In predictably stilted language which I am going to translate into normal rhetoric, the American Psychological Association has announced that when kids watch lots of violence on TV they are more likely to act it out themselves, or to be de-sensitized to it in others.. I could quote psychiatrists and sociologists all day to the same effect, but surely no one needs to convince this audience. That precious commodity called common sense offers all the proof you need. Children are enormously influenced by what they see, a truism summed up in the old proverb: Monkey see, monkey do. Why, otherwise, would you worry about which children your child plays with?
Fortunately, for most kids, other factors are at work that will keep them from acting out the violence they see constantly, but they almost certainly learn after repeated exposure to take brutality more for granted and to become less sensitive to it. “School shootings are getting old,” the Wichita teenager said. “We’re all beginning to take it in stride.” What an appalling indictment of American society!I agree with Sissela Bok, whom I quoted earlier, that it may be next to impossible to identify all the reasons why an occasional teenager decides to kill his classmates. One poison in American life is the unrelenting hate talk of certain radio talk shows. Another is the hatefilled lyrics of certain rap groups and pop entertainers like Marilyn Manson who is said to have been a favorite of the boys who killed in Colorado, and of a group in Wisconsin who plotted to do the same before some student told on them.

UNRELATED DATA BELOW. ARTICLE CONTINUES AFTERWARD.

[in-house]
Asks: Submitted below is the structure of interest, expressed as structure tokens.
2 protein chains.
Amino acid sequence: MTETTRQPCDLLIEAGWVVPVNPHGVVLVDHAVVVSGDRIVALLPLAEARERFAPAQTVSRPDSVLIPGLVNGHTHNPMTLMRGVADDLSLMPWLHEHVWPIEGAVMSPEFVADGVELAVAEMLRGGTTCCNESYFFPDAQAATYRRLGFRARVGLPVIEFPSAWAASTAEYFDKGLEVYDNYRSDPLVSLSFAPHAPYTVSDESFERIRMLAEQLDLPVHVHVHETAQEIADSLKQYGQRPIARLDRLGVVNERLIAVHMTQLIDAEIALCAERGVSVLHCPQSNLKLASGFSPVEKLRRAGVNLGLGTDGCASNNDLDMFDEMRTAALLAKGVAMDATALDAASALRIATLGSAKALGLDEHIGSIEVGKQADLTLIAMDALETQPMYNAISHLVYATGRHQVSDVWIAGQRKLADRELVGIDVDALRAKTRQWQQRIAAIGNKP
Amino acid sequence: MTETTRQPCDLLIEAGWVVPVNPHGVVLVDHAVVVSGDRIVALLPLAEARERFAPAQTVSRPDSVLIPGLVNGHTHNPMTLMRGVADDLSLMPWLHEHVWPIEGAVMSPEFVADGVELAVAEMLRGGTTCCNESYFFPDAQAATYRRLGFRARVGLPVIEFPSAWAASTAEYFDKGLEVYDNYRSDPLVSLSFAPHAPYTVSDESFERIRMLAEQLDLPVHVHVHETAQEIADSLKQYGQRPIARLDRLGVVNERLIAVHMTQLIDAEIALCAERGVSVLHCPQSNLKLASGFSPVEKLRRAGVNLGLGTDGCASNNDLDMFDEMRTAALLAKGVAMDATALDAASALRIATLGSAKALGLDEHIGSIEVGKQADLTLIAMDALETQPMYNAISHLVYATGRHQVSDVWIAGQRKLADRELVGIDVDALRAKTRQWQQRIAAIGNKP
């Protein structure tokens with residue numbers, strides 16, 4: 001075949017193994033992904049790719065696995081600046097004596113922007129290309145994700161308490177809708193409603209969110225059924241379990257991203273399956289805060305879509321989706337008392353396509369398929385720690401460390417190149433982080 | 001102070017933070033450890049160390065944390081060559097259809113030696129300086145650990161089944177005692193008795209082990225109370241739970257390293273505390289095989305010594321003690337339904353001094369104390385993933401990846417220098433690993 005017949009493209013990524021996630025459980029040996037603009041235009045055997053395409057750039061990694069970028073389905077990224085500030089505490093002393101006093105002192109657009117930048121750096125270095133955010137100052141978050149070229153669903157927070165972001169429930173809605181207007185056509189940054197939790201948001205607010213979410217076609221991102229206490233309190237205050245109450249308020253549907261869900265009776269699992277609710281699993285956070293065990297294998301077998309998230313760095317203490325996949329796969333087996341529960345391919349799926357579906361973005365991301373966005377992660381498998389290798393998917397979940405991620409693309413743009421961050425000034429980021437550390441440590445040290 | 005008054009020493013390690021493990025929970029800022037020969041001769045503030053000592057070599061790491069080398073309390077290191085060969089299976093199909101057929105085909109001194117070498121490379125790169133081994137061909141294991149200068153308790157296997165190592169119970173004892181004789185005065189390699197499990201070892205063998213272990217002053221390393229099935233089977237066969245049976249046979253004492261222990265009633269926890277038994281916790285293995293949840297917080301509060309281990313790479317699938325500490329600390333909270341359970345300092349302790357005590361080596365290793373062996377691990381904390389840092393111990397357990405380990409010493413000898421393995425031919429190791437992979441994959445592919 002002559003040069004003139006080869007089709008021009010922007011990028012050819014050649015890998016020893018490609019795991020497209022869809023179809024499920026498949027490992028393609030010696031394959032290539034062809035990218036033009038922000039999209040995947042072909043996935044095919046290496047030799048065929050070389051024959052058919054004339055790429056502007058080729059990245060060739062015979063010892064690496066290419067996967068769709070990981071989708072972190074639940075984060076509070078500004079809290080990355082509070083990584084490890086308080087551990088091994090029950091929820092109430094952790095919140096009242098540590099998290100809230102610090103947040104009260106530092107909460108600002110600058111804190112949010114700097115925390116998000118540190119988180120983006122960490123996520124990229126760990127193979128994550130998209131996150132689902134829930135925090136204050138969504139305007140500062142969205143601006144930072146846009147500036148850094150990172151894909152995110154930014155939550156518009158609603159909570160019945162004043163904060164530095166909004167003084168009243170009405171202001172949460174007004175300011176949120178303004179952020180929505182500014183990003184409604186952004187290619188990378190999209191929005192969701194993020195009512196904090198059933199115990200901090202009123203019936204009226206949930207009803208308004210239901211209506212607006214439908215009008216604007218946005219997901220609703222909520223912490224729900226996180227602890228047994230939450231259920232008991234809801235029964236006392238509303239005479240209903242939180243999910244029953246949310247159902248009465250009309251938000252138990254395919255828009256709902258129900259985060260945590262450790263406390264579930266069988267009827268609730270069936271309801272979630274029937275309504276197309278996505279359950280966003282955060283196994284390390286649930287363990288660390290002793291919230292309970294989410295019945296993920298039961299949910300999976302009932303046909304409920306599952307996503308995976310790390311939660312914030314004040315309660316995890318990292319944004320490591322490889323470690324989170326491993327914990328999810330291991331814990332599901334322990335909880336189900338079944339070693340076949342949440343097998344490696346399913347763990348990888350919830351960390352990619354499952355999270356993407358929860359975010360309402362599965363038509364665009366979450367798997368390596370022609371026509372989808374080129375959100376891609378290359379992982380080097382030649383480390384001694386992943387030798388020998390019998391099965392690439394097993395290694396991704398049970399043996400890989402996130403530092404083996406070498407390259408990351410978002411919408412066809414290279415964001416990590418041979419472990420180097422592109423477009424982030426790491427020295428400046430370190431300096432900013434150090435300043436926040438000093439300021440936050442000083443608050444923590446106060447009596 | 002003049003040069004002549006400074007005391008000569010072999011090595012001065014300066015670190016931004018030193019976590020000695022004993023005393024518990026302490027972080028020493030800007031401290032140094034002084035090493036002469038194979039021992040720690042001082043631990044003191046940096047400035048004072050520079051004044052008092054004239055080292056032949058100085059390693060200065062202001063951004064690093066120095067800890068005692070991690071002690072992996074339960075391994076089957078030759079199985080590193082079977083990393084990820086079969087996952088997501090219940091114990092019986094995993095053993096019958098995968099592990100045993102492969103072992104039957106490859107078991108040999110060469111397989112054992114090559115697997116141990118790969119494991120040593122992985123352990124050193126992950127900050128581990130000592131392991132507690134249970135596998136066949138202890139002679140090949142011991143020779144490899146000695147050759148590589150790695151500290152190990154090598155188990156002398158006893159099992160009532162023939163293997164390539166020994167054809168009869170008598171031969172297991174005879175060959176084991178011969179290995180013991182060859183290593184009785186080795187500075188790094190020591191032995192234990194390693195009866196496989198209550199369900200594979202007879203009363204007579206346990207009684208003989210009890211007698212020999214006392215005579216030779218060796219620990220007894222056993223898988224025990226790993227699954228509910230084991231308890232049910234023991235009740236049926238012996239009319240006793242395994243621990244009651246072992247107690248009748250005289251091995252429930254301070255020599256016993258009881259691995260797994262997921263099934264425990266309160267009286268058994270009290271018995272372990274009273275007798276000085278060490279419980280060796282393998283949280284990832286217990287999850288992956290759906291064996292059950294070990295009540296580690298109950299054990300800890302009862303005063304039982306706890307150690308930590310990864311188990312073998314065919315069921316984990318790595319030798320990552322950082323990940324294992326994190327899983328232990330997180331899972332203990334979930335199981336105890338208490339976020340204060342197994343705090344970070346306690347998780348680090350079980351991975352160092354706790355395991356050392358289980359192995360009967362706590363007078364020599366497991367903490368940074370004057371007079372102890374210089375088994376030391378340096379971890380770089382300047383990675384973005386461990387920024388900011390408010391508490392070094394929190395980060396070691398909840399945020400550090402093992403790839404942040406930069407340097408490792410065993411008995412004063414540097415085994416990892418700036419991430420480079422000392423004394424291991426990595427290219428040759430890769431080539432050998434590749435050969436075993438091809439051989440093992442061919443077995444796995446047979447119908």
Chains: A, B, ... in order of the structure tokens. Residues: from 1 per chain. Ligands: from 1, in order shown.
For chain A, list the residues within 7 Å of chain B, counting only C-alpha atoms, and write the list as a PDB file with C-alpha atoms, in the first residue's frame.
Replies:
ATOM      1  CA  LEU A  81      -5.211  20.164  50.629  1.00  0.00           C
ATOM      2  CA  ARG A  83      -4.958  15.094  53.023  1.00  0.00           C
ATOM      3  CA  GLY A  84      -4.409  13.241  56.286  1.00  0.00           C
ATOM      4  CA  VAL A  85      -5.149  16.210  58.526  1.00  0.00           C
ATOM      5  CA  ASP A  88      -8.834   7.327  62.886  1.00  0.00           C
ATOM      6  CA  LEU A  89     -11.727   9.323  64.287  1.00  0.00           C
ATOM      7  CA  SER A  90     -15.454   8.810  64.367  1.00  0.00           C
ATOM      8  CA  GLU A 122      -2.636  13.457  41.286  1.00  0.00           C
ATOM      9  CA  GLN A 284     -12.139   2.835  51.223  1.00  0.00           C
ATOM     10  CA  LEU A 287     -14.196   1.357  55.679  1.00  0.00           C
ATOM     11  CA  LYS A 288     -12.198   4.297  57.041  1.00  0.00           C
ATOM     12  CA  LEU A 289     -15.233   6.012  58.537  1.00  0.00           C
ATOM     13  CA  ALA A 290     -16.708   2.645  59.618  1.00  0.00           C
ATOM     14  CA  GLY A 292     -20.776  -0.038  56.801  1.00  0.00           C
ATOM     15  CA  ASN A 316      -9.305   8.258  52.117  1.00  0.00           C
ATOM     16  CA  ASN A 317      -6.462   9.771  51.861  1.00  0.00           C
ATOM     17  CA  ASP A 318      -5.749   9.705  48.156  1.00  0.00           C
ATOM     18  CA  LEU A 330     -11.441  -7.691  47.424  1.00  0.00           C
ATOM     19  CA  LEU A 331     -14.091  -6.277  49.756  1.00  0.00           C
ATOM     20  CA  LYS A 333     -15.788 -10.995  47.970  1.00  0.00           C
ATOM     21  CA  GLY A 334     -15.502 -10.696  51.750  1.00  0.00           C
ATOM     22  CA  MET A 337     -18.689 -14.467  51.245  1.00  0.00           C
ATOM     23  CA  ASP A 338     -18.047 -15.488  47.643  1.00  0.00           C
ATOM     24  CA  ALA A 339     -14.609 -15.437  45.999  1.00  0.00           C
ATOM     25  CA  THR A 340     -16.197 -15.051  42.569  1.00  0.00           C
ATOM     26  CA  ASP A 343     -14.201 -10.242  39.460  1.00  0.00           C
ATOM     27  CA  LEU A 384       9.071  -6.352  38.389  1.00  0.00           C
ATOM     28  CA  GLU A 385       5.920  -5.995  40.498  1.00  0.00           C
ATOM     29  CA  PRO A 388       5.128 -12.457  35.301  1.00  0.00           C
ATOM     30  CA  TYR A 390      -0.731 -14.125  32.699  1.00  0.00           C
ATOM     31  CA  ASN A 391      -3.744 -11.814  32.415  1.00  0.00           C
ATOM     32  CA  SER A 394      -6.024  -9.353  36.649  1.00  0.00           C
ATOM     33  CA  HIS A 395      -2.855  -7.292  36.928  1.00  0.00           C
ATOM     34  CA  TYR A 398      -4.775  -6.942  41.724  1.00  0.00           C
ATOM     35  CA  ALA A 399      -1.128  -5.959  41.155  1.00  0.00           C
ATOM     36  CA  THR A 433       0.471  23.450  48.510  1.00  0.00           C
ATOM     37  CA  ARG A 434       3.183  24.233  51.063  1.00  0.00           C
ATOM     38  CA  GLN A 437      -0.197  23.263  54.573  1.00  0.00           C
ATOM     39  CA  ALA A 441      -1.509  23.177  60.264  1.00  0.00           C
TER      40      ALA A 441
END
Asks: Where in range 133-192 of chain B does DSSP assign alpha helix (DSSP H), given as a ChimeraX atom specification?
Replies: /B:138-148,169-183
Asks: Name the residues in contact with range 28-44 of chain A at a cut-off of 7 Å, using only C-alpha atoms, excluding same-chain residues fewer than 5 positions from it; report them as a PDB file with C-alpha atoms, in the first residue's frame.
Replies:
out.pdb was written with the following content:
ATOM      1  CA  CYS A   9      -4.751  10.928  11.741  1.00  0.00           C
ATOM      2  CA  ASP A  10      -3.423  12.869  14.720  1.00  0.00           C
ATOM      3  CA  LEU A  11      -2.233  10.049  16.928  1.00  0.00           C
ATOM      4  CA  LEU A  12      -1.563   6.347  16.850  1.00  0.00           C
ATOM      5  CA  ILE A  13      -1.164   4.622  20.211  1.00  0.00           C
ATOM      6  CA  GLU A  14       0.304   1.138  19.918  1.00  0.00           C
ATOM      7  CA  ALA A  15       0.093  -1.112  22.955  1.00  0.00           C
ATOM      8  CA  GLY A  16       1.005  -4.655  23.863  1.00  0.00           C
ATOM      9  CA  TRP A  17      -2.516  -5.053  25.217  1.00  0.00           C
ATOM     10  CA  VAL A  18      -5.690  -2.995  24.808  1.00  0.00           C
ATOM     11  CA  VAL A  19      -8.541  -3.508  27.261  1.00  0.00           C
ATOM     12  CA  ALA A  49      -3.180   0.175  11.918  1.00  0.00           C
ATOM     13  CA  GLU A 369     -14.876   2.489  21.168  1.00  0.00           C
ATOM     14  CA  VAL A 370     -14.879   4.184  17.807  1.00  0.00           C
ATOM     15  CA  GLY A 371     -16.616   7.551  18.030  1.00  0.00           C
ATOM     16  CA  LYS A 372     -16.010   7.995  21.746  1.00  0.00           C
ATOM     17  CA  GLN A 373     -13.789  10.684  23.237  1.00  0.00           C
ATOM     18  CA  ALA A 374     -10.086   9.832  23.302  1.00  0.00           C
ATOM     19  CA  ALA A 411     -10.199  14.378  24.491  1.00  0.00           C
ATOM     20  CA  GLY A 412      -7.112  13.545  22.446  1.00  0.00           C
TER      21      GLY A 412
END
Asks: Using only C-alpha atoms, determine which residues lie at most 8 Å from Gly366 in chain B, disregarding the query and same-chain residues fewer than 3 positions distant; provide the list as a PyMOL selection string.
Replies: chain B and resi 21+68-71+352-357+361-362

It’s sad but true that some of the victims may have contributed to the killings by scoffing at misfits in their school. It has always been morally right for parents to teach theirchildren not to ridicule those who are different, but it’s now becoming a matter of survival: the kid you tease today with mindless cruelty may bring a gun to school tomorrow. Nothing is new, of course, about kids who don’t fit in, who feel alienated, who look for some form of revenge on popular classmates. In my childhood they ran out of an alley to throw rocks, or they waylaid some kid on the way home and gave him a bloody nose, but bombs and assault rifles were unimaginable. We had no daily dose of TV violence to superheat our imaginations, no Internet lessons on how to build bombs, no web sites run by crazies who think Hitler was a blessing…. and by comparison with modern special effects there was nothing very graphic in the movie we got to see on Saturday.